By  on March 28, 2008

In retail, nothing is set in stone, especially when a better opportunity comes along.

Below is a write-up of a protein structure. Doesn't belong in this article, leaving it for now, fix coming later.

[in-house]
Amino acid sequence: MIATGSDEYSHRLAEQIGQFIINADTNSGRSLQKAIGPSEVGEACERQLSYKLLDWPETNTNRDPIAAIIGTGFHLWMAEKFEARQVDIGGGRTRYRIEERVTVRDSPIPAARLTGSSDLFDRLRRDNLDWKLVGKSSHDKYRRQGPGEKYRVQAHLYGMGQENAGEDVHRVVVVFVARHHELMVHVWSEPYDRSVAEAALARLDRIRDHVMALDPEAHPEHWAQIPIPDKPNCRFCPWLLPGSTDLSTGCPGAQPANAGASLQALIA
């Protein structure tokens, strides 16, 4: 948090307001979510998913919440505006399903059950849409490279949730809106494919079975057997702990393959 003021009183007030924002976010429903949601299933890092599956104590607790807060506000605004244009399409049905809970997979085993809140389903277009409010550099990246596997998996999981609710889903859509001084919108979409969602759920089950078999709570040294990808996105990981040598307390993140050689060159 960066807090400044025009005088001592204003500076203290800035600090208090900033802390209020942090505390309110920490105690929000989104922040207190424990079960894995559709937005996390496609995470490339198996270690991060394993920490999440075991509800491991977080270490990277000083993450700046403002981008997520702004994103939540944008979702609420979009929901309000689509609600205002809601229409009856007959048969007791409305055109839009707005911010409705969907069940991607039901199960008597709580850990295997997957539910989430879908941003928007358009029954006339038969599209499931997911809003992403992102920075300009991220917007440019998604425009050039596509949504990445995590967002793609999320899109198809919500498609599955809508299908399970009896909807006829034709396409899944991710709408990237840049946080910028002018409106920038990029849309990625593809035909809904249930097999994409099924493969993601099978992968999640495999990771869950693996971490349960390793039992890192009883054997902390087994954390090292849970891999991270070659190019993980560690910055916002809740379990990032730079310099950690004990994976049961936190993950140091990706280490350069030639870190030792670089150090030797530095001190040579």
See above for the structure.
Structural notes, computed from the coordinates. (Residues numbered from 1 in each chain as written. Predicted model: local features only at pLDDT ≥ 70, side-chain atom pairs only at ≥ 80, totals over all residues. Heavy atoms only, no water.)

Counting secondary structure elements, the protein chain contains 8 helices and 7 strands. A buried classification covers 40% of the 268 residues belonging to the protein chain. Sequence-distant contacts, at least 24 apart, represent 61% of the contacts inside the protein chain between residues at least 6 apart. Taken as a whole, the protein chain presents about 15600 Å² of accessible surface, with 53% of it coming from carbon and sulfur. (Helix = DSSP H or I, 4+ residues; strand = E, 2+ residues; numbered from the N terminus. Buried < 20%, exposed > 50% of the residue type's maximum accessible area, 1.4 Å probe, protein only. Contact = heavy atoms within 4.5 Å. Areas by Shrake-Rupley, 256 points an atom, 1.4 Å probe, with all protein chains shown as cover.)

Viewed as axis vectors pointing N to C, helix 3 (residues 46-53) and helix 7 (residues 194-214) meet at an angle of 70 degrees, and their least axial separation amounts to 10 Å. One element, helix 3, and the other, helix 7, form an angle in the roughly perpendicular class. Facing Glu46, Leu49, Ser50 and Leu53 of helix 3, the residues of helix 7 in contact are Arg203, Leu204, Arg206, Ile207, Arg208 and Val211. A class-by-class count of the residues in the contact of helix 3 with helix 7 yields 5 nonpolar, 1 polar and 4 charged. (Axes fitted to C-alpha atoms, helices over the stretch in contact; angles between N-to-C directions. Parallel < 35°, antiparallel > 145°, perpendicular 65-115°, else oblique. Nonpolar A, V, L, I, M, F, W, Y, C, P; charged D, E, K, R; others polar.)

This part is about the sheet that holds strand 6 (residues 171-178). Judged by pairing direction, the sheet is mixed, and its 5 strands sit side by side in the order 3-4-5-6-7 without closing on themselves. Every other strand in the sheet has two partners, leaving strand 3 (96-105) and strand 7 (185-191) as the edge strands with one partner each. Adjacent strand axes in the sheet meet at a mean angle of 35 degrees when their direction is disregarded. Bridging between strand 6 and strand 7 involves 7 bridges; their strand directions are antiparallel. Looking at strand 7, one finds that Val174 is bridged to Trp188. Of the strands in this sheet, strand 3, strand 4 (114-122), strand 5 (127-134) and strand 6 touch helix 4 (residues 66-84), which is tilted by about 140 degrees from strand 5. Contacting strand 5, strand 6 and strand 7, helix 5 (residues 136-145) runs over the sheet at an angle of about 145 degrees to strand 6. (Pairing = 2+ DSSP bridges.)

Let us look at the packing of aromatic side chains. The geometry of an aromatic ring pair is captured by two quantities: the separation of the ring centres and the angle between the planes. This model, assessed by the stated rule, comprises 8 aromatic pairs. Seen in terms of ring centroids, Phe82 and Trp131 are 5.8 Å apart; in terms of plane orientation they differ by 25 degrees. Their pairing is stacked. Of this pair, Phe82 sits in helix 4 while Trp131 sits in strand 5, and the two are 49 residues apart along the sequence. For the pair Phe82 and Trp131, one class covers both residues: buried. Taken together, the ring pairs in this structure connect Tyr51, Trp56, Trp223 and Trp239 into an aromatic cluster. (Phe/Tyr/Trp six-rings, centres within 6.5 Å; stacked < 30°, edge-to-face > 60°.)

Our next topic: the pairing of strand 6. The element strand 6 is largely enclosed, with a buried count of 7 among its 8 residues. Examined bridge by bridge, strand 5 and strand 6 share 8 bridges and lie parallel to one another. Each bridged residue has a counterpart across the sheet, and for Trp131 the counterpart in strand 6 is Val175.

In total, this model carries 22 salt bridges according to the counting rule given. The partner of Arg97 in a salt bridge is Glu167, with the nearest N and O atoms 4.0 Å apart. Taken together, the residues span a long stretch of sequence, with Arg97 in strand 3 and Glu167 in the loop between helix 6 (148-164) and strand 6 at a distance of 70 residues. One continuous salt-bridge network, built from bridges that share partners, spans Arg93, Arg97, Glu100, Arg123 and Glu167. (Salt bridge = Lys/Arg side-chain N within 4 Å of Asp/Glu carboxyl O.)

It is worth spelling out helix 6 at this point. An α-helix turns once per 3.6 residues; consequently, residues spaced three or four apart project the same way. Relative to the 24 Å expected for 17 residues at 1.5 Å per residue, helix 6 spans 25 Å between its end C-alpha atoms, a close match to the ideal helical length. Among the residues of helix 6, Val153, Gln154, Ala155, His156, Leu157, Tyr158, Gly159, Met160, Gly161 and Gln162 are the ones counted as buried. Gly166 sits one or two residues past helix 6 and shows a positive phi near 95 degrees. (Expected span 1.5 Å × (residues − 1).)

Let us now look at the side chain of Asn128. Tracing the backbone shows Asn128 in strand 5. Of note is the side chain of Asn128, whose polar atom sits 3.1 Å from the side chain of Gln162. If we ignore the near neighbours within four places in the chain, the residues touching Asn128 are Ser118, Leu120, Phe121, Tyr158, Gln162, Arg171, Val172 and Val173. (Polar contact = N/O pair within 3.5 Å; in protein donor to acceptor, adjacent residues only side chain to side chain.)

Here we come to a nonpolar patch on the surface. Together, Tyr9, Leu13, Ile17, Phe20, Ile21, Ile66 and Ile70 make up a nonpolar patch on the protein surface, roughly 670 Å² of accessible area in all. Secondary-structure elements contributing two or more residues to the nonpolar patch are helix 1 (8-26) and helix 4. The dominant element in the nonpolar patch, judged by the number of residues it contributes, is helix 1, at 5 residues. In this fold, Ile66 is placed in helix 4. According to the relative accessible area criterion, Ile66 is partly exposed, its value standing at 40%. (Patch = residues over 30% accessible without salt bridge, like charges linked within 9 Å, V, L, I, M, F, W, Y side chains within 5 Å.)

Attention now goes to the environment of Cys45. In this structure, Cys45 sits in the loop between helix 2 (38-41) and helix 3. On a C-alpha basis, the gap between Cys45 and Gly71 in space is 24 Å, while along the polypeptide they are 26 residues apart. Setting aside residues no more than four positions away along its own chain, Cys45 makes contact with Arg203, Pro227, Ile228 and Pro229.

The most recent example of changing one’s tune is Regis Corp.’s reworked strategy for Trade Secret, a 630-unit retail chain with a tired beauty mix consisting of professional hair and nail products. In December, the $3 billion owner of retail stores and salon chains announced it would be overhauling Trade Secret by adding cosmetics, skin care and bath and body products, and organizing in-store events to drive consumer traffic. At the time, several industry watchers doubted the new strategy was viable: Inventory was “slow to move” as it was, they said, without adding new items into the mix. They also cited how last year was the first time the $253 million division posted a sales decline — 4 percent — in more than 15 years. But in January, just a month after announcing its big Trade Secret overhaul, the Minneapolis-based owner of Regis Salons, Jean Louis David and Beauty Express announced it bought the remaining 80 percent of rival beauty boutiques PureBeauty and BeautyFirst it didn’t already own, and would now change all Trade Secret stores to the PureBeauty banner, in concert with store and product mix upgrades. Beauty Express locations would soon also become BeautyFirst stores. In a nutshell, Regis would be launching an entirely new chain in a highly competitive market led by Bath & Body Works, Ulta and Sephora.

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